Producing more, selling more, adding value and increasing the safety and security of what we trade are all ways the College is growing our economy. Food and natural resources are more expensive today than in the past in part because the population and economies of the world are growing.
The United States has greater competition in the global marketplace because more countries are producing goods. As a result, their citizens have more disposable income. This provides us with an opportunity to reach new markets, use technology and innovation to add value to existing products, and create new products to meet previously unseen needs.
We must do this in a way that ensures consumer safety and the security of global interests while protecting the environment from increased pressures on land, air and water needed to produce more food and fiber.
Among the myriad of products and service and manufacturing systems, the College of Agriculture and Life Sciences is uniquely positioned to lead in the innovation and implementation for food, energy, and health-related industries.
What is Growing Our Economy?
Global Dynamics Impact Agricultural and Food Industry
Globalization, the growing openness and integration of world economies over the last 10-15 years, is forcing shifts in the allocation of world resources and in the pattern of world production and trade and creating new ways of doing business, new opportunities for growth, new problems to be resolved, and new issues and concerns for producers, processors, wholesalers, retailers, importers, exporters, government policy makers and all associated private and public sector groups.
In world commodity markets, the trend toward interdependent globalization is forcing dramatic changes in how agricultural commodities get transformed and delivered to consumers. Because not all commodity systems are globalizing at the same rate or in the same way, globalization is having differential effects on markets for agricultural commodities, energy, and other natural resources, leading to additional uncertainty as producers and businesses struggle to adjust to the rapidly-changing global conditions and systems.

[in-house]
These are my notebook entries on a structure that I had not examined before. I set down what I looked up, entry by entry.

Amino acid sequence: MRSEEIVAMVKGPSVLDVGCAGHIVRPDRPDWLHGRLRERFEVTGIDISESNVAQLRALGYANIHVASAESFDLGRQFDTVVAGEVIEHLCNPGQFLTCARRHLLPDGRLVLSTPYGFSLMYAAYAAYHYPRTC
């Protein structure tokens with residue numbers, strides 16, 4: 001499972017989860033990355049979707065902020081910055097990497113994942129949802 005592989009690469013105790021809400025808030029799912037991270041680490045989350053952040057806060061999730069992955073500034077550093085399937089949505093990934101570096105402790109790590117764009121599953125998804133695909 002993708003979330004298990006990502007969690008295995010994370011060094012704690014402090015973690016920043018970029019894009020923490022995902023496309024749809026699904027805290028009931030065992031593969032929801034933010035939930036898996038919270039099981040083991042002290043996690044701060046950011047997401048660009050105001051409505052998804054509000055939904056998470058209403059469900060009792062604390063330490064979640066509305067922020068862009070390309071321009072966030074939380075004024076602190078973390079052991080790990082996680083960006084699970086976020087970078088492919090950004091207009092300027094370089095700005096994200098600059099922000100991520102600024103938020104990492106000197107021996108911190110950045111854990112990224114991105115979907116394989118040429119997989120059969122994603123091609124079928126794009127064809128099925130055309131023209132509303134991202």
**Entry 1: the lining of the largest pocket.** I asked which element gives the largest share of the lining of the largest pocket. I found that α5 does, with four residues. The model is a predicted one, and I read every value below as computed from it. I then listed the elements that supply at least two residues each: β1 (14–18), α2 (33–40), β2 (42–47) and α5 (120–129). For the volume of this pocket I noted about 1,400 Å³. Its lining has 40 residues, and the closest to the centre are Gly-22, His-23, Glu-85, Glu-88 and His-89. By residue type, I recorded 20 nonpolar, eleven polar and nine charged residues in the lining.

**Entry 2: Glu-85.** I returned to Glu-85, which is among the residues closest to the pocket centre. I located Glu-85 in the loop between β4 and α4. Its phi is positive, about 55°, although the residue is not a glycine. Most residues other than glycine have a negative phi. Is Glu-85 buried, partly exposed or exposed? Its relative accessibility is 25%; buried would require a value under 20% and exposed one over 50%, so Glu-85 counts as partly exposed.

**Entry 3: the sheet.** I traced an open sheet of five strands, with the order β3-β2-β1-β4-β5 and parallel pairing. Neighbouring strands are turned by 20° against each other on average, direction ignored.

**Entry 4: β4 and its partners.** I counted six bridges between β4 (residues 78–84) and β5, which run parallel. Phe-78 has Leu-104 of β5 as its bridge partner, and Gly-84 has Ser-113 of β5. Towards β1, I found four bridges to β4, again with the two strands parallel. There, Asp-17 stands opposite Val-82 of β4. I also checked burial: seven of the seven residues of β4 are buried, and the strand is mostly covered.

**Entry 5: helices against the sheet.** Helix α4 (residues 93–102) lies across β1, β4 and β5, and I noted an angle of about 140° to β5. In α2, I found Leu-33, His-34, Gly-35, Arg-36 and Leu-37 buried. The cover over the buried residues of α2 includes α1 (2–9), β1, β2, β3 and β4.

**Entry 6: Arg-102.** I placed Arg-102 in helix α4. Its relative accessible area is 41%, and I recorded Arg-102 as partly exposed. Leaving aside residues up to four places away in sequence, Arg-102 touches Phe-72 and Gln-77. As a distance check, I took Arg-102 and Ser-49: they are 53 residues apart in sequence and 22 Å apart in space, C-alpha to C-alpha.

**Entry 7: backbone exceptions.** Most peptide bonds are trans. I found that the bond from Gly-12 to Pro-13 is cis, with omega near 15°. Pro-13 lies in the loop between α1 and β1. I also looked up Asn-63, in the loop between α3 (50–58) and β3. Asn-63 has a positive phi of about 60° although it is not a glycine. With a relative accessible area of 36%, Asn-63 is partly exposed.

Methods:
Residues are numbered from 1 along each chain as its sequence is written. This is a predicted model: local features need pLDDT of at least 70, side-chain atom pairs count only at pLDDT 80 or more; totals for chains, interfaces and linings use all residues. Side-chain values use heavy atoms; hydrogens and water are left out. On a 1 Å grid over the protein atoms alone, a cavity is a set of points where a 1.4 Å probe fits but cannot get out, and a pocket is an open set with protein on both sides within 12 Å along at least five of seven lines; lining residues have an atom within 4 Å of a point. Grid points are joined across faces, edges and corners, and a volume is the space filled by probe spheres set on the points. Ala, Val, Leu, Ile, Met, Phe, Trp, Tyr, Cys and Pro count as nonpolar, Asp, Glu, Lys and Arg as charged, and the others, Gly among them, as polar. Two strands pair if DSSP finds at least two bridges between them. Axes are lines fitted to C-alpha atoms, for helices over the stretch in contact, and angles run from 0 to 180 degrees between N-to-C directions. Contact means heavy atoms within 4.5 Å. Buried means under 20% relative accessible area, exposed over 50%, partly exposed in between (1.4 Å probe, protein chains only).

Meeting the resource needs of this growing world economy will place additional stresses on our global environment. The demand for energy, water, and land will all increase concurrently with possible changes in the amount of these resources that are available. The increase in production volume and efficiency will need to be done in such a way as to not increase needs of other resources and without producing adverse effects on the environment.
Economic growth can only be achieved through an educated, healthy, and engaged/responsible population. Whether this population is in the US or in another country, the interconnected global marketplace demands we consider the needs of all people. A growing economy can reduce poverty which reduces hunger and makes for a stronger economy.
Due to the oncoming population growth, the concern of food security and our own national security is also an opportunity to explore markets, people, and business opportunities previously inaccessible or unknown. Research in product development of new foods for cultures across the globe as well as providing highly nutritious foods to countries in need will become a critical driver for economic development. Issues related to resources and growth ultimately come down to the question of how does an economy sustain growth in light of finite resources. The future will need to consider the relatively poorly-understood interconnectedness of our global ecosystem as well as new, currently unknown resources and technologies that will change the current paradigm.